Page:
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Massachusetts Liberal

Observations on politics, the media and life in Massachusetts and beyond from the left side of the road.

Wednesday, March 21, 2012

Ryan's hope

It's never been a secret that government budgets are more political than financial, a road map of where the candidate or party hopes to go. Paul Ryan's latest House budget proposal is a document aimed to take us back to the days of poor houses for the sick and the disabled.

The Ryan plan would end Medicare as we know it, throwing millions of Americans into the clutches of the private insurance industry that has helped precipitate our coverage crisis. It would slash taxes across the board and pay for it by about $3 trillion in cuts in Medicare, Medicaid and entitlements like welfare, food stamps, agriculture subsidies and transportation.

In addition, experts suggest the massive size of the cuts required would also mean the elimination of the earned income tax credit for the poor.

Equally important, the Ryan budget reneges on the deal Republicans made last year as part of the reckless debate over the debt limit. Negotiators agreed to a schedule of cuts over time that Ryan threw out the window.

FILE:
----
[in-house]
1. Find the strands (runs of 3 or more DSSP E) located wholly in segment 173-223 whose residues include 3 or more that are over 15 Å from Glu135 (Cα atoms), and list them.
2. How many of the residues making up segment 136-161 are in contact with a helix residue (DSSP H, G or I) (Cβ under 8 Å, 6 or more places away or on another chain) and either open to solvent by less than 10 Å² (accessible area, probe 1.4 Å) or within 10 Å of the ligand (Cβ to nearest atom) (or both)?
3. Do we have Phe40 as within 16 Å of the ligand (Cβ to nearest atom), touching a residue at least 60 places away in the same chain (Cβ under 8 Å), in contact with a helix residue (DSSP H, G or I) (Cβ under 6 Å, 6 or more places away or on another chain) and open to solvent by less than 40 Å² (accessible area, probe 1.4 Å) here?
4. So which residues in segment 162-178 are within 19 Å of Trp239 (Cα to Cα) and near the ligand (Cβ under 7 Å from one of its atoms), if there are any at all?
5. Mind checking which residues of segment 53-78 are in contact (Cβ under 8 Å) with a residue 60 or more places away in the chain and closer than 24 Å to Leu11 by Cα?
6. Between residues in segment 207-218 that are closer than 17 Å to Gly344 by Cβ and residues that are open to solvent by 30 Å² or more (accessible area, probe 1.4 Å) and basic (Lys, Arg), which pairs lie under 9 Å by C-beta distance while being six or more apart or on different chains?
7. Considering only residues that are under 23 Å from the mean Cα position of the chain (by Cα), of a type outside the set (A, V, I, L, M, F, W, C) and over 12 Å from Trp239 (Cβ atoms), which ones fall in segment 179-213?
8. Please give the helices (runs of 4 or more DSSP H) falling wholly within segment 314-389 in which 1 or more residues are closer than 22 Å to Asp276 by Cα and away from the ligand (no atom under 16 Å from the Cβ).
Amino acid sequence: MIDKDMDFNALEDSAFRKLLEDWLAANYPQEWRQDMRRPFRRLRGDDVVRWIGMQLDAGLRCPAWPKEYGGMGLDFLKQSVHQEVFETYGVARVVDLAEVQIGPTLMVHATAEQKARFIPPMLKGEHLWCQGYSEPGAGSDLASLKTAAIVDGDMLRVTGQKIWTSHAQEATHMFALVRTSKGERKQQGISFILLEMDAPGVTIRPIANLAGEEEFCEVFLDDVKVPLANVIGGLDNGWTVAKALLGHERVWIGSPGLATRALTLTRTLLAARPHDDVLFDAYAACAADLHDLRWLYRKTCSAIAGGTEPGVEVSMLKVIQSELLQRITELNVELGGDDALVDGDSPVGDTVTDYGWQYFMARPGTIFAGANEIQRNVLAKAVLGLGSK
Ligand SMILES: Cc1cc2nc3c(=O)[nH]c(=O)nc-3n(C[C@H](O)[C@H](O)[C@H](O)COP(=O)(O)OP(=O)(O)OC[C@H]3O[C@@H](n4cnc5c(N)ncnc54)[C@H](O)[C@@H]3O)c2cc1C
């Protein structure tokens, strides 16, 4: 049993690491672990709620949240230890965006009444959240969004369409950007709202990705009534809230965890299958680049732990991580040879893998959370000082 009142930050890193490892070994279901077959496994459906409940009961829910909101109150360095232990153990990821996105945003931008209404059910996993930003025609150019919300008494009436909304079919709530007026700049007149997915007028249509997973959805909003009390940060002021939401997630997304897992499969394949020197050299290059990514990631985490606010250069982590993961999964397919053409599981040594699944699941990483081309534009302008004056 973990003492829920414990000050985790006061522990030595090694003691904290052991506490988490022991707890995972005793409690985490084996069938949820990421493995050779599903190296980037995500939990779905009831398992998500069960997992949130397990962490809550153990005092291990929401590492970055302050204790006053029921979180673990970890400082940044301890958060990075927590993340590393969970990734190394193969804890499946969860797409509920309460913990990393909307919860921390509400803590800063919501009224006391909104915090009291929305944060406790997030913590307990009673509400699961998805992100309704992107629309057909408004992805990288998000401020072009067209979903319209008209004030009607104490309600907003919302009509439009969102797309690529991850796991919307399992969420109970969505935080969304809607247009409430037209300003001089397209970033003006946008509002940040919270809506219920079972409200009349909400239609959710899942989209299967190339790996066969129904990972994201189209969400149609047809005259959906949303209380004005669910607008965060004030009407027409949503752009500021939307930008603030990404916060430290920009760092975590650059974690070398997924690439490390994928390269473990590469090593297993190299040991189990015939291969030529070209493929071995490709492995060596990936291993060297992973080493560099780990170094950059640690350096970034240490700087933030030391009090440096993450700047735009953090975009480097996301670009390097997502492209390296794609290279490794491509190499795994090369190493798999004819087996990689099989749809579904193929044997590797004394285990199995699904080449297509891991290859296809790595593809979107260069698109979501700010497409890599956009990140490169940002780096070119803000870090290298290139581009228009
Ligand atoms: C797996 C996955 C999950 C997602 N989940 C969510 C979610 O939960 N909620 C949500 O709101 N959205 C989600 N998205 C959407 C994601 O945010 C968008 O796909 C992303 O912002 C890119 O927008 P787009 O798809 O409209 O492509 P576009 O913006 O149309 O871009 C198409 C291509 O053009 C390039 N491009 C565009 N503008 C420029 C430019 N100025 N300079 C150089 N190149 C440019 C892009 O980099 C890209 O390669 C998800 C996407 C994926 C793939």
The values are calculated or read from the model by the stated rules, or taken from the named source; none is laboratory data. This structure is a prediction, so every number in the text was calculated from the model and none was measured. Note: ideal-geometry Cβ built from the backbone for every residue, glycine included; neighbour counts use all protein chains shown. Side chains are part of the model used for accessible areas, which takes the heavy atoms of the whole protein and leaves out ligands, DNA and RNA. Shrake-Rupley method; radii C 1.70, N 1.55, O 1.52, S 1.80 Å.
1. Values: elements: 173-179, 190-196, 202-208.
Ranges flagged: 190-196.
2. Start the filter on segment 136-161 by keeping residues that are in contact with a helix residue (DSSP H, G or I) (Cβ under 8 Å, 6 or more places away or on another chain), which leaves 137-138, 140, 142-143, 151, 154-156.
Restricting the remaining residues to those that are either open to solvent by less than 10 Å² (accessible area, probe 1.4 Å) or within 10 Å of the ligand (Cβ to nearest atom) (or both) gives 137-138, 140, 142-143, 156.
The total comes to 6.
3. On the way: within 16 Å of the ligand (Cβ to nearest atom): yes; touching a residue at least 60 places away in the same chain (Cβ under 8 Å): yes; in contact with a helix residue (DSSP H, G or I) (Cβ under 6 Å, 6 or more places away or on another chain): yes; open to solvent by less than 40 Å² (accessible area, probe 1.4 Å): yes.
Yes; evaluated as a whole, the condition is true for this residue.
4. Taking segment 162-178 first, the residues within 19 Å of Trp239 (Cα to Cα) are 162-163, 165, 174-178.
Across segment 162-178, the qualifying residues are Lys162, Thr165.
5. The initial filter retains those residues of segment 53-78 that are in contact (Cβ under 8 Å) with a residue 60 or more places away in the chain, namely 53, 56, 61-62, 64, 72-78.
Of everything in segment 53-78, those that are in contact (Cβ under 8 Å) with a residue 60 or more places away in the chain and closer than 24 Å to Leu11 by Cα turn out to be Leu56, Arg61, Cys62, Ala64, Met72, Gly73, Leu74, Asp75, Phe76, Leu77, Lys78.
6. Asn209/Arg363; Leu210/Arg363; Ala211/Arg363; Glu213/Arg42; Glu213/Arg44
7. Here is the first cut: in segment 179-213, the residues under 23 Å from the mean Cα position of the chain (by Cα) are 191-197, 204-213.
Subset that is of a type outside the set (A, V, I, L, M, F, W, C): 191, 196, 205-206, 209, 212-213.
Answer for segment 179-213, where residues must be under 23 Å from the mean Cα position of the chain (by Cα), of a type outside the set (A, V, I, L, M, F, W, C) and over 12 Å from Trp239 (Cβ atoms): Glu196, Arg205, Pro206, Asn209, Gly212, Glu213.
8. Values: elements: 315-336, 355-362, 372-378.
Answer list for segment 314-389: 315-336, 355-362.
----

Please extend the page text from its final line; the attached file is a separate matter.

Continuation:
Ryan, a representative of a party that professes to want to get government off people's backs, sounds more like someone who thinks government should offer the less-well off a lecture.
After recalling his family’s immigration from Ireland generations ago, and his belief in the virtue of people who “pull themselves up by the bootstraps,” Ryan warned that a generous safety net “lulls able-bodied people into lives of complacency and dependency, which drains them of their very will and incentive to make the most of their lives. It’s demeaning.”
Nor does the Ryan budget do anything about the national debt the GOP claims to care about. When you weigh all those cuts against the tax breaks for the 1 percent, Ryan adds another $3.1 trillion in red ink.

All in all, a terrific budget for a party looking to nominate a millionaire who loves to fire people and doesn't care about the poor.

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Anonymous Anonymous said...

I guess it depends on how close to the bottom rungs of the ladder people are. There is actually quite a bit of resentment from the blue collar factory level when they hear about EBT cards being used at strip clubs, and they see ads on TV touting free cell phones for welfare people on TV. Did you know cans of condensed milk are a form of underground currency because they can easily be bought with EBT cards, then traded for drug money? I know there needs to be a change (3-4 generations on welfare) and if it's back to poor farms at least you know they'll be working for the stuff they get.

March 21, 2012 6:37 AM  

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